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on 23 February 2010
When I visited St Pancras station for the first time recently, I bought this book at Foyles bookshop on the concourse. I was at first disappointed that the book was published before the Eurostar services started to run from the newly-restored station. But as I got into the book I realised that it actually sets the scene beautifully for the restoration of both the hotel and the station itself.

The history is fascinating, and the author evidently has a good knowledge of both architecture and railway history. This is not a train buffs' book, though it should interset them (and as far as I can tell, is accurate in what it relates of railway technology). It lifted my heart to see how two important monuments that might have been lost were not only repserved but restored with great care.
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on 1 March 2010
This is a beautifully written and affectionate book on one of the defining pieces of Victorian architecture and engineering. It's hugely entertaining and informative and goes off on some lovely tangents, rather like a pre-Beeching branch line. You certainly don't have to be a railways enthusiast to enjoy this short work.
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on 30 July 2009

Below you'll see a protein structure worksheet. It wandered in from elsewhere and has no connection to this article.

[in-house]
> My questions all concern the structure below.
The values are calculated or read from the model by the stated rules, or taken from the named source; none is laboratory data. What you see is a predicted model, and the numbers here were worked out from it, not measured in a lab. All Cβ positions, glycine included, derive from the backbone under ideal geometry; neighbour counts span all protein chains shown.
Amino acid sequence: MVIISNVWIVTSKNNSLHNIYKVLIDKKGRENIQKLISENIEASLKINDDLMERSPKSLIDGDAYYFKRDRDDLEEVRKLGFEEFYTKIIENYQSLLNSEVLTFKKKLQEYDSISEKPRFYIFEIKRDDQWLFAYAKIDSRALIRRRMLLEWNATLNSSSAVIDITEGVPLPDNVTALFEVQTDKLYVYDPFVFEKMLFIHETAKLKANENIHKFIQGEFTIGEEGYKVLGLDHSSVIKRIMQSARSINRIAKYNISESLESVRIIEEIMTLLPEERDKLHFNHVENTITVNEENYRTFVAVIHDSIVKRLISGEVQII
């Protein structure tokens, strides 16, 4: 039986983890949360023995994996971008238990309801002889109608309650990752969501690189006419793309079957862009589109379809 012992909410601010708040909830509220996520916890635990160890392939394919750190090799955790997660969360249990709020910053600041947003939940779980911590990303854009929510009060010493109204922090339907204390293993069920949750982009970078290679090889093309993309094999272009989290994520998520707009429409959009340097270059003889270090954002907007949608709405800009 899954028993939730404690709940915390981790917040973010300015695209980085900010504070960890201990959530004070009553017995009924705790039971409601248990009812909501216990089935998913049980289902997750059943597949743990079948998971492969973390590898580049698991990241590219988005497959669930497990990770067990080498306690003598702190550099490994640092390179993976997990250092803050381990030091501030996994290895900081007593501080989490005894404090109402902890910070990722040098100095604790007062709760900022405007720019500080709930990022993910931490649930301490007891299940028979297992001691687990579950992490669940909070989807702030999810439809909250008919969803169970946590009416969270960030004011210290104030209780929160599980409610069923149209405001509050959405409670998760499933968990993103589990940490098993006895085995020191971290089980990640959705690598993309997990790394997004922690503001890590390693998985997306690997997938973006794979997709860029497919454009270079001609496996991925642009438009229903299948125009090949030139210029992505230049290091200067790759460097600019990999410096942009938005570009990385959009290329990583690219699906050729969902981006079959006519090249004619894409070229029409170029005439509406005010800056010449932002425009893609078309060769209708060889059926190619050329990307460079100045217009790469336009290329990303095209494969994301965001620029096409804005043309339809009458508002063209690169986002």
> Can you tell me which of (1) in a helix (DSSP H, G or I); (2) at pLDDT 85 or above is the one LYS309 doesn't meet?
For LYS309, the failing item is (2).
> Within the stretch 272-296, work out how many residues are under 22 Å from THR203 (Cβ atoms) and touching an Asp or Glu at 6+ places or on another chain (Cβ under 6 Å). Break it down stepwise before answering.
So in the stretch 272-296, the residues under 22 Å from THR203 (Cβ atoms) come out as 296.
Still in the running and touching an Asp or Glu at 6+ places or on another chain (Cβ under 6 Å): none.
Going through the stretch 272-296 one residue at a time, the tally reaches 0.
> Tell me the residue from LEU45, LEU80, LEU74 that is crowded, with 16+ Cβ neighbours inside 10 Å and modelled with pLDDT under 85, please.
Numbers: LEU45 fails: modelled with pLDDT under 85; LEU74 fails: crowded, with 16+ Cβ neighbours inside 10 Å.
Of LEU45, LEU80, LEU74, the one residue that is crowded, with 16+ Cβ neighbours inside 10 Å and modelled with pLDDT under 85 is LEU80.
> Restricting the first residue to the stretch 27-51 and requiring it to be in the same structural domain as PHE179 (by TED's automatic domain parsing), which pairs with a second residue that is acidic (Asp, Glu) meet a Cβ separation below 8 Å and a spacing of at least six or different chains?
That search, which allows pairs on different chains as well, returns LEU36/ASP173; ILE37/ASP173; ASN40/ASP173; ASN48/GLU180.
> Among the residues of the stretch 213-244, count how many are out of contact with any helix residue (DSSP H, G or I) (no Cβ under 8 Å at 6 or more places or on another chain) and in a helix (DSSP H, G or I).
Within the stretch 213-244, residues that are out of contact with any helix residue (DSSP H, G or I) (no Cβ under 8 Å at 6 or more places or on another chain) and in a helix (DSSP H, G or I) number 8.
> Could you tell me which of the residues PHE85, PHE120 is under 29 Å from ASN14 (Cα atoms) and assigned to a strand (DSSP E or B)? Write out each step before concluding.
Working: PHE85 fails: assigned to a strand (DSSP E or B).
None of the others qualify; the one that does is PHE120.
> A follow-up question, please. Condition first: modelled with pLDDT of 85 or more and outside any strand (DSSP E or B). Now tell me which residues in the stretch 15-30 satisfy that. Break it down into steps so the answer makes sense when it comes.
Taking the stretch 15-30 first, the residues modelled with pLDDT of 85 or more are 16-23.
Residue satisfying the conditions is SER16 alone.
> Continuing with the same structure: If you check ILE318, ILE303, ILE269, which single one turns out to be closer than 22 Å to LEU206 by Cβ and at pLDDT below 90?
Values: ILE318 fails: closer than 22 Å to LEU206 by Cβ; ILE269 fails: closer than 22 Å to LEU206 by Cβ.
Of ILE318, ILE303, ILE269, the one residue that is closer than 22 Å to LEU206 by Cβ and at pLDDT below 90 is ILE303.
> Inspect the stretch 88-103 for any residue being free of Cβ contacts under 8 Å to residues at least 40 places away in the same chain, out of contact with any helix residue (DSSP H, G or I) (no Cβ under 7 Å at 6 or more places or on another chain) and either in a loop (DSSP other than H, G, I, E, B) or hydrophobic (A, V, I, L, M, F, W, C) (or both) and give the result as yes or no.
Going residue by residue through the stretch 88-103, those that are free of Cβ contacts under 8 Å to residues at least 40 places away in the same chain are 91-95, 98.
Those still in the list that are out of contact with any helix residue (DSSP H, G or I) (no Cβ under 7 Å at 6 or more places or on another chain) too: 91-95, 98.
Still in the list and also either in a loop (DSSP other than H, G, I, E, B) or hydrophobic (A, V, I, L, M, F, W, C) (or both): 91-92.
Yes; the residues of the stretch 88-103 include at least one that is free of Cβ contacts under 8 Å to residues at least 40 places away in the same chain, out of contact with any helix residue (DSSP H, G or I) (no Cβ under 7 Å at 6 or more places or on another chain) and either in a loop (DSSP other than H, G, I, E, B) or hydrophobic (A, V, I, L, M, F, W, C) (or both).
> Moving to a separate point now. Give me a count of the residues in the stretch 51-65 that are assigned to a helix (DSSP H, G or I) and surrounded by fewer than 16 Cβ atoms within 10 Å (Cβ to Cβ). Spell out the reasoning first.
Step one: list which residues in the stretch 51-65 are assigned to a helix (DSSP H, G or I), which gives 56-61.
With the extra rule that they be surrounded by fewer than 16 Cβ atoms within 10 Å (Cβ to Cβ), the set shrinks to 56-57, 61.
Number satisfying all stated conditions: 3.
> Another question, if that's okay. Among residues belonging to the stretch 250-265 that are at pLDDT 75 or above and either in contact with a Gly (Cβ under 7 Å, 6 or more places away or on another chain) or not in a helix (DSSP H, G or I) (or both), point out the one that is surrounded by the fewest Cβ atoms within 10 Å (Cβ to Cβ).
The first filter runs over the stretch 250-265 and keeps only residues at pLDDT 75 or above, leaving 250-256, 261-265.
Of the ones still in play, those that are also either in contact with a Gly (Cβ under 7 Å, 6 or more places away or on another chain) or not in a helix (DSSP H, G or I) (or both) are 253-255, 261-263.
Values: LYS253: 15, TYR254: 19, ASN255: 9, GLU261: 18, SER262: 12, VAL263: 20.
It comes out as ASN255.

A superb, comprehensive and thoroughly entertaining account of the true architectural wonder that is St Pancras Station. This book does full justice to what is undoubtedly one of Britain`s finest buildings. It explains how and why it was built, the background to the Gothic revival and perhaps more importantly the key role St Pancras has to play in the future as the `Gateway to Europe` and now the home to the `Javelin train` to the 2012 Olympic Stadium in Stratford. A must read for anyone interested in architecture, London, transport, social history, the Gothic revival and the work of Sir George Gilbert Scott. Hats off to Simon Bradley for a terrific piece of work.
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on 1 April 2007
This is so much more than a book about a single railway station and its hotel. Architecture, engineering, and the synergy between the two, social history, railways throughout the UK, stations throughout the world. It's one of the most interesting books I've read in a long time!
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on 16 December 2007
Whilst this book has a nice glossy cover with good reviews, it is spoilt by the very poor quality illustrations which do not do justice to this wonderful building. All of the 'pictures' are merely black and white images printed in the same form as the text, with no true glossy photographs. The diagrams are almost unreadable - a magnifying glass may help. Over-rated by the reviewers, and over-priced.
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on 14 February 2016
A good read, full of interesting facts and background of which the reader may not be aware. Makes you wish that it could have carried on into its new role in the present day.
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on 11 November 2012
St Pancras Station is a great book with lots of interesting pictures and will make a great present for a railway enthusiast